Go to Admin » Appearance » Widgets » and move Gabfire Widget: Social into that MastheadOverlay zone
What to do about cement trucks that slop dollops of their cargo on the road, where it hardens into a raised rock?
Concrete is the glue in the condo towers, buildings and new homes that keep going up. An amalgam of cement powder, sand, gravel and water, it requires constant churning to stay soft enough to work with.
That’s where the redi-mix truck comes in, its fat cylinder behind the cab steadily revolving to maintain an even consistency until the wet cement is delivered to a construction site.
But when a relatively small amount is inadvertently dripped on the road, it can be a big problem for bike riders.
We recently got notes from two cyclists about spilled cement that has hardened into raised patches that force a choice between riding over them or veering into traffic.
Rick Owens said he rides downtown daily on Eastern Ave. and encounters piles of cement in the westbound curb lane, near Broadview Ave.
“It’s in the worst spot possible from a cyclist’s perspective,” he said. “It is too close to the curb to go around that side, and far enough out into the lane that going around means going well into traffic.”
He first contacted 311 last December, but nothing was done, said Owens, except for snowplows that rounded them off with their blades.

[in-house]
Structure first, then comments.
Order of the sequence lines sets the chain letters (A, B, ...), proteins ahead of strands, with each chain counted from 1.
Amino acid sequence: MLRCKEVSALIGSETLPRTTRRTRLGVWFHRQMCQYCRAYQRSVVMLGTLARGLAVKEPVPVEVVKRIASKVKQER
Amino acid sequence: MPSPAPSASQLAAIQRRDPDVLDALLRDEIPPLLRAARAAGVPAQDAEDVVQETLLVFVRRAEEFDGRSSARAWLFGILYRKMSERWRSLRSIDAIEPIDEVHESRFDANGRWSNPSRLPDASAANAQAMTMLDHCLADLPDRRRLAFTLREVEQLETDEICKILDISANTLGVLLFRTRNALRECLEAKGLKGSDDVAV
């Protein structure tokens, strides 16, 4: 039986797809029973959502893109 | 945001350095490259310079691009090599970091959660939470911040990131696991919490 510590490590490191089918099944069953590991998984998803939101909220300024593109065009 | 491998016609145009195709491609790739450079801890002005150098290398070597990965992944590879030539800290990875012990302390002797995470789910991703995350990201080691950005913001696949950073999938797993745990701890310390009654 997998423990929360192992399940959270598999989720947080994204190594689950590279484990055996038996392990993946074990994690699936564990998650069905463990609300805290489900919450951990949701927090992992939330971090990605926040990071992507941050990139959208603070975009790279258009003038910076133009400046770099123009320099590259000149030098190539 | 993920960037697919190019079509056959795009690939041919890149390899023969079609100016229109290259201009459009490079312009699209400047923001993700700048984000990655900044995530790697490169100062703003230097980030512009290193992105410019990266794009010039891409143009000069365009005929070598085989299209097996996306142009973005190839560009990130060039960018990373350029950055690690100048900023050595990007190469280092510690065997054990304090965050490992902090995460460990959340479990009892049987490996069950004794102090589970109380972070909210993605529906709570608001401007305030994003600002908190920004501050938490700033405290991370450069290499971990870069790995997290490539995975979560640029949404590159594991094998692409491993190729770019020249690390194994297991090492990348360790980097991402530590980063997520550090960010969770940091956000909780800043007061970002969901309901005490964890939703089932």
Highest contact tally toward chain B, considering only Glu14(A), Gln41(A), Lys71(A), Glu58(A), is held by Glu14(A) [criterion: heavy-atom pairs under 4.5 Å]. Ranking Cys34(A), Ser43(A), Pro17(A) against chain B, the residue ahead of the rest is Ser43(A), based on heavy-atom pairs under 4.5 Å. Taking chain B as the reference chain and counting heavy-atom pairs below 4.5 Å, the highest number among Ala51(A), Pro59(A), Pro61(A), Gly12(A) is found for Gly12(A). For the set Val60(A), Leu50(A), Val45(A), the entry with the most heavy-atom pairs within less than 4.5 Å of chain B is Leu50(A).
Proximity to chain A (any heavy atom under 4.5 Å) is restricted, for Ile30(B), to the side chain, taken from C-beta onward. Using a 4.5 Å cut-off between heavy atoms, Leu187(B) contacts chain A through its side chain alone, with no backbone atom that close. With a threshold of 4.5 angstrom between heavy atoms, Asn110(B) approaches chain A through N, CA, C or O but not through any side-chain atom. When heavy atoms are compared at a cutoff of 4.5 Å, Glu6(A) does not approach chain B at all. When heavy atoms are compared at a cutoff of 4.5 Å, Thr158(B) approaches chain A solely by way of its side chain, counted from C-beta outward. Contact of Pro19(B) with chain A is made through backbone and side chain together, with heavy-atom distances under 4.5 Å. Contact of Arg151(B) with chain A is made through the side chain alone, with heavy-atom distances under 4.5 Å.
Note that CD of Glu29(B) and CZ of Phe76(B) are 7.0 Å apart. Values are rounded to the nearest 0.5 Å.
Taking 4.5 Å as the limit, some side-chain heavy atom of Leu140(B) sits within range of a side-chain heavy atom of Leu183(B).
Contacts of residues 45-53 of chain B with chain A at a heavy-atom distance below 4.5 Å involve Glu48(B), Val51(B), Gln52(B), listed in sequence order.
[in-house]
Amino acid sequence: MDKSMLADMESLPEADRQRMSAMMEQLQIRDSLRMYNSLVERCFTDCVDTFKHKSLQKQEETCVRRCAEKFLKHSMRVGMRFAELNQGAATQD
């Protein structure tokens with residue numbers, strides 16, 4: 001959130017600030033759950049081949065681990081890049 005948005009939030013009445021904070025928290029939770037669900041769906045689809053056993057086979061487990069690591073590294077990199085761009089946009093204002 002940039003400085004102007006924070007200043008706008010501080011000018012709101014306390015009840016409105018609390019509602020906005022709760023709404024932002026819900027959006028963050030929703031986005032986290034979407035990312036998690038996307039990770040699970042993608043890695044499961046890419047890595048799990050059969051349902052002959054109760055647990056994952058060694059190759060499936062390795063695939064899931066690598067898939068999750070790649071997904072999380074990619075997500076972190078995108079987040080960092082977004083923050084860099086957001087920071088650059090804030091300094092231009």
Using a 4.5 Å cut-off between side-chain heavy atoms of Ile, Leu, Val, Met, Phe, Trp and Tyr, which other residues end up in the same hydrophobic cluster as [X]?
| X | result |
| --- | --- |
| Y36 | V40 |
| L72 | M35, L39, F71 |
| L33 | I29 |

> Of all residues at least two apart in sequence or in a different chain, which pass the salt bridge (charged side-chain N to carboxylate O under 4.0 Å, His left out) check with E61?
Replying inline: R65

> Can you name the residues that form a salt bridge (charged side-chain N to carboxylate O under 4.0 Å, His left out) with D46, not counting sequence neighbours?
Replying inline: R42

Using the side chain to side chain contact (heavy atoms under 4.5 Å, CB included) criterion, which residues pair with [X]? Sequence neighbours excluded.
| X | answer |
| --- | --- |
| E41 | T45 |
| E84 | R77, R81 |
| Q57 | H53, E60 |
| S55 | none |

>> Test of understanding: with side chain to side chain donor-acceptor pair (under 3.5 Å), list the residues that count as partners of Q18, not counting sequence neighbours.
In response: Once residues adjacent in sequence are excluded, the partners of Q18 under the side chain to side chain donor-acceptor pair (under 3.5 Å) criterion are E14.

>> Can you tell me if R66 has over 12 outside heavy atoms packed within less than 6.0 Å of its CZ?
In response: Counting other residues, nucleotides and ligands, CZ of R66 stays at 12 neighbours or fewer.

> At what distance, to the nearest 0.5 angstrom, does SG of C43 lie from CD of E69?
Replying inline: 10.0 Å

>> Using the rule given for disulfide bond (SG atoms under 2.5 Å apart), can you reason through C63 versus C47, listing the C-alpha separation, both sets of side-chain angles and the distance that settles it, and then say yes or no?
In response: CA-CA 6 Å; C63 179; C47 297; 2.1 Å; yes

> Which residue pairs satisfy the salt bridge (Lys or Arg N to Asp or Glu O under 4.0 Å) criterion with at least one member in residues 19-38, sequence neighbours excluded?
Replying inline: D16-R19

“The next step will be to do the job myself. I suspect that I can get rid of the worst of the hazards in 20 minutes or so (about 19 minutes longer than it would take someone with a jackhammer).”
Judith Butler sent us photos of large patches of spilled cement near the curb on northbound Spadina Ave., near Bremner Blvd., right in the path of bike riders.
“Whereas cars may not feel the effects of the bumpy patches, someone on two wheels could certainly come a-cropper in this very busy traffic area,” she said.
“With all the construction that has gone on in that area recently, it is not surprising that spills like this have occurred.”
She makes a good point, but construction is everywhere and the spills are not uncommon. On Tuesday, without looking for it, we spotted a long patch of spilled cement on eastbound Front St., just west of Jarvis St.
Another reader provides us with occasional updates on cement spilled by mixers coming and going from a cement plant near his Etobicoke home.
More on this in August, when we’re back from a couple weeks off. And if any cement truck drivers can shed light on this sticky issue, let us know.
STATUS: Steve Johnston, who deals with media for transportation services, emailed to say road crews will be dispatched to scrape off the spills on Eastern and Spadina.
What’s broken in your neighbourhood? Wherever you are in Greater Toronto, we want to know. Send an email to email@example.com . Report problems and follow us on Twitter @TOStarFixer.